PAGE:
The mayor's awards sparked off another intense discussion around the issue of virginity testing. The issue has been a fraught one in recent years, particularly in the Kwazulu-Natal region, where the test is associated with the traditional Zulu Reed Dance ceremony. The mayor's intent was practical: she felt that far too many girls ruin their education by falling pregnant and so the award would incentivize them to focus on their studies. There was also the need to curb the high levels of HIV and simply abstaining from sex would certainly appear to promote that goal (Ngcobo 2016). But for those who subscribed to the Reed Dance ceremony, virginity testing had an added and more fundamental cosmological significance. Transcending pure concern with the physical body, it is seen as a practice that sustains the land and livelihood of the nation through appeasement of the supernatural entity, Nomkhubulwane ('Mother Nature'). Nomkhubulwane is the daughter of Mvelinqangi, the Zulu divinity in female form. Kunene points out that,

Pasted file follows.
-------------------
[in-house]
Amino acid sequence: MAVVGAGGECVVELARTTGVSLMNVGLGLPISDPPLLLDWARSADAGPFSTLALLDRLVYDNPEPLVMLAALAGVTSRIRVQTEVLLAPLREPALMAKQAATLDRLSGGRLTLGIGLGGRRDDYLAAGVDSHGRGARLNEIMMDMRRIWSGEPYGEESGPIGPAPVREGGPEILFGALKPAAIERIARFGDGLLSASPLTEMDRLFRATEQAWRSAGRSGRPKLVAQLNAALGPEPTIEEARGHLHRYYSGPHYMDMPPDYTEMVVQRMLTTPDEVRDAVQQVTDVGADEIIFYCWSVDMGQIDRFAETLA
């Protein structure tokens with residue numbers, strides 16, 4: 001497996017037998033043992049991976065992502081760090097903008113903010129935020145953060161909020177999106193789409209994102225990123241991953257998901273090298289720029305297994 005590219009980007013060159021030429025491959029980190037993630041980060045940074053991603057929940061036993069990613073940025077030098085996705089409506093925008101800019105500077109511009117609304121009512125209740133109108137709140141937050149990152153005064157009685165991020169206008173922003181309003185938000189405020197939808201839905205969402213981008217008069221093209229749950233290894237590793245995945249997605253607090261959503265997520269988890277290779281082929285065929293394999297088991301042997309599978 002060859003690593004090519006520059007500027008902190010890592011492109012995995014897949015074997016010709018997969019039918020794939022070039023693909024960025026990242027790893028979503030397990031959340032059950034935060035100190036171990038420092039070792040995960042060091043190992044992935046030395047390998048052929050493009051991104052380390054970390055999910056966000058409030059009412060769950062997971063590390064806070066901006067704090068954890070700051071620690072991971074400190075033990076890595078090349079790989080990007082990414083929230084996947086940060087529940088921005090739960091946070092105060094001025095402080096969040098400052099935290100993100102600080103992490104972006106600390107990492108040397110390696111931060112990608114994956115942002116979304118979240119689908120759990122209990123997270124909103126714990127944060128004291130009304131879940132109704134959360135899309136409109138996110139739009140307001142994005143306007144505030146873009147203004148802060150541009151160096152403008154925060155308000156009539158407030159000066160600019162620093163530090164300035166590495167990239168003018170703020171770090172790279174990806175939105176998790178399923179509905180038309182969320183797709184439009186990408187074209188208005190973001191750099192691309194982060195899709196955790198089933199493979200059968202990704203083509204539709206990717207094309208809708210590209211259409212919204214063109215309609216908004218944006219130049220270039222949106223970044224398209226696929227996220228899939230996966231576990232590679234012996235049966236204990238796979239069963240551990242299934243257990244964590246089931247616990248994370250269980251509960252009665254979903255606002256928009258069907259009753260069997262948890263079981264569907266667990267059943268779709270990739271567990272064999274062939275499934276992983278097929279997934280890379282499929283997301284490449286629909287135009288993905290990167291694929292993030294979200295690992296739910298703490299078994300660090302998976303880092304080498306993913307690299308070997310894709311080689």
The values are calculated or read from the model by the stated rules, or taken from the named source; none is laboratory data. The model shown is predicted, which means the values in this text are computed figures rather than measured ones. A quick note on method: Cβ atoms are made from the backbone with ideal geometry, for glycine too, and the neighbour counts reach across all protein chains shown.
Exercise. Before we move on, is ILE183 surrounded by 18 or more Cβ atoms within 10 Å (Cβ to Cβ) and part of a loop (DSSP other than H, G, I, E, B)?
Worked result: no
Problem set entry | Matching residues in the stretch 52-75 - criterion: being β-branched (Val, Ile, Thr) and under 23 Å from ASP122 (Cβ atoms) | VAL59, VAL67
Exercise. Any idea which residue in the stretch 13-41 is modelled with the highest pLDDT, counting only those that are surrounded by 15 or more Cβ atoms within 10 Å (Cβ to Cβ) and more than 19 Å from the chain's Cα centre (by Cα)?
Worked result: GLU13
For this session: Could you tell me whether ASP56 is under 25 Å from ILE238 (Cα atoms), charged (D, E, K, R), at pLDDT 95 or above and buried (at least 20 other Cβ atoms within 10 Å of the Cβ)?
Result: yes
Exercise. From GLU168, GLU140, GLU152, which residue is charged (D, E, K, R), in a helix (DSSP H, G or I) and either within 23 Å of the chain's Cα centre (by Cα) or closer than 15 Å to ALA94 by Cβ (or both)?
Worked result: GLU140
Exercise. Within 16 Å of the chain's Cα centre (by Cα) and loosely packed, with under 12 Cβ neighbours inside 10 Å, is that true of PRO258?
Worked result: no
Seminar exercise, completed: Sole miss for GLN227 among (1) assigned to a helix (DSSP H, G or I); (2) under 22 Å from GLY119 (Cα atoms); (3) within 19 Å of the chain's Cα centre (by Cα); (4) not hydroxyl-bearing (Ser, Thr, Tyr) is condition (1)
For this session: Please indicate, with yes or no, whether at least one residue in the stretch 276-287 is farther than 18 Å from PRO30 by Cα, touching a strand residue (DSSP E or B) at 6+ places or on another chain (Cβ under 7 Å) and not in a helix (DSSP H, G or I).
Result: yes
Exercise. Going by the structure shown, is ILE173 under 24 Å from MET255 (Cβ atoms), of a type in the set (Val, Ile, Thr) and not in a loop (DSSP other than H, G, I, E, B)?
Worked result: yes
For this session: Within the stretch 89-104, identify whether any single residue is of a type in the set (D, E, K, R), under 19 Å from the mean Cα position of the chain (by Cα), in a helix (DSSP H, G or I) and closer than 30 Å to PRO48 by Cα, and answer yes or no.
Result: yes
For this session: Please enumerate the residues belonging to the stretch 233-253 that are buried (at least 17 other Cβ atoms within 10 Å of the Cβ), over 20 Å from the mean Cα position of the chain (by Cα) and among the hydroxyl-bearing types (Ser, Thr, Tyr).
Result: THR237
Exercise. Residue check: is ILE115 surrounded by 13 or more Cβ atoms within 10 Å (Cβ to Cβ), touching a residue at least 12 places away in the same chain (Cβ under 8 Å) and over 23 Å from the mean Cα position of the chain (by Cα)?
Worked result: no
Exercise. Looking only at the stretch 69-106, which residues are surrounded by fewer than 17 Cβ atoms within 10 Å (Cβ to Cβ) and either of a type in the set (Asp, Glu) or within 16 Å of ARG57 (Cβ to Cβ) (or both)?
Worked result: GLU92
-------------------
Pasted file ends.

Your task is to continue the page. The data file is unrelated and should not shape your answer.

Nomkhubulwane is the most central symbol of creation. She establishes the female principle as philosophically the primary force in creation. Through the female principle, the seemingly irreconcilable elements are brought together. Thus the conciliation of opposites and the establishment of balance become the very essence of growth and creation (Quoted in Masondo 2013:35).

Predictably, though, the practice of virginity testing has met stringent opposition by liberals and feminists, including the African National Congress's Women's League. They argued that it is a violation of a woman's body, that it is unconstitutional and that linking the practice with the provision of scholarships is 'unethical'.(Burch 2016) The practice is also 'unscientific' (there is no infallible method to establish virginity) as well as discriminatory (boys appear to be exempted from such testing) (Kale 2016, IRIN 2005).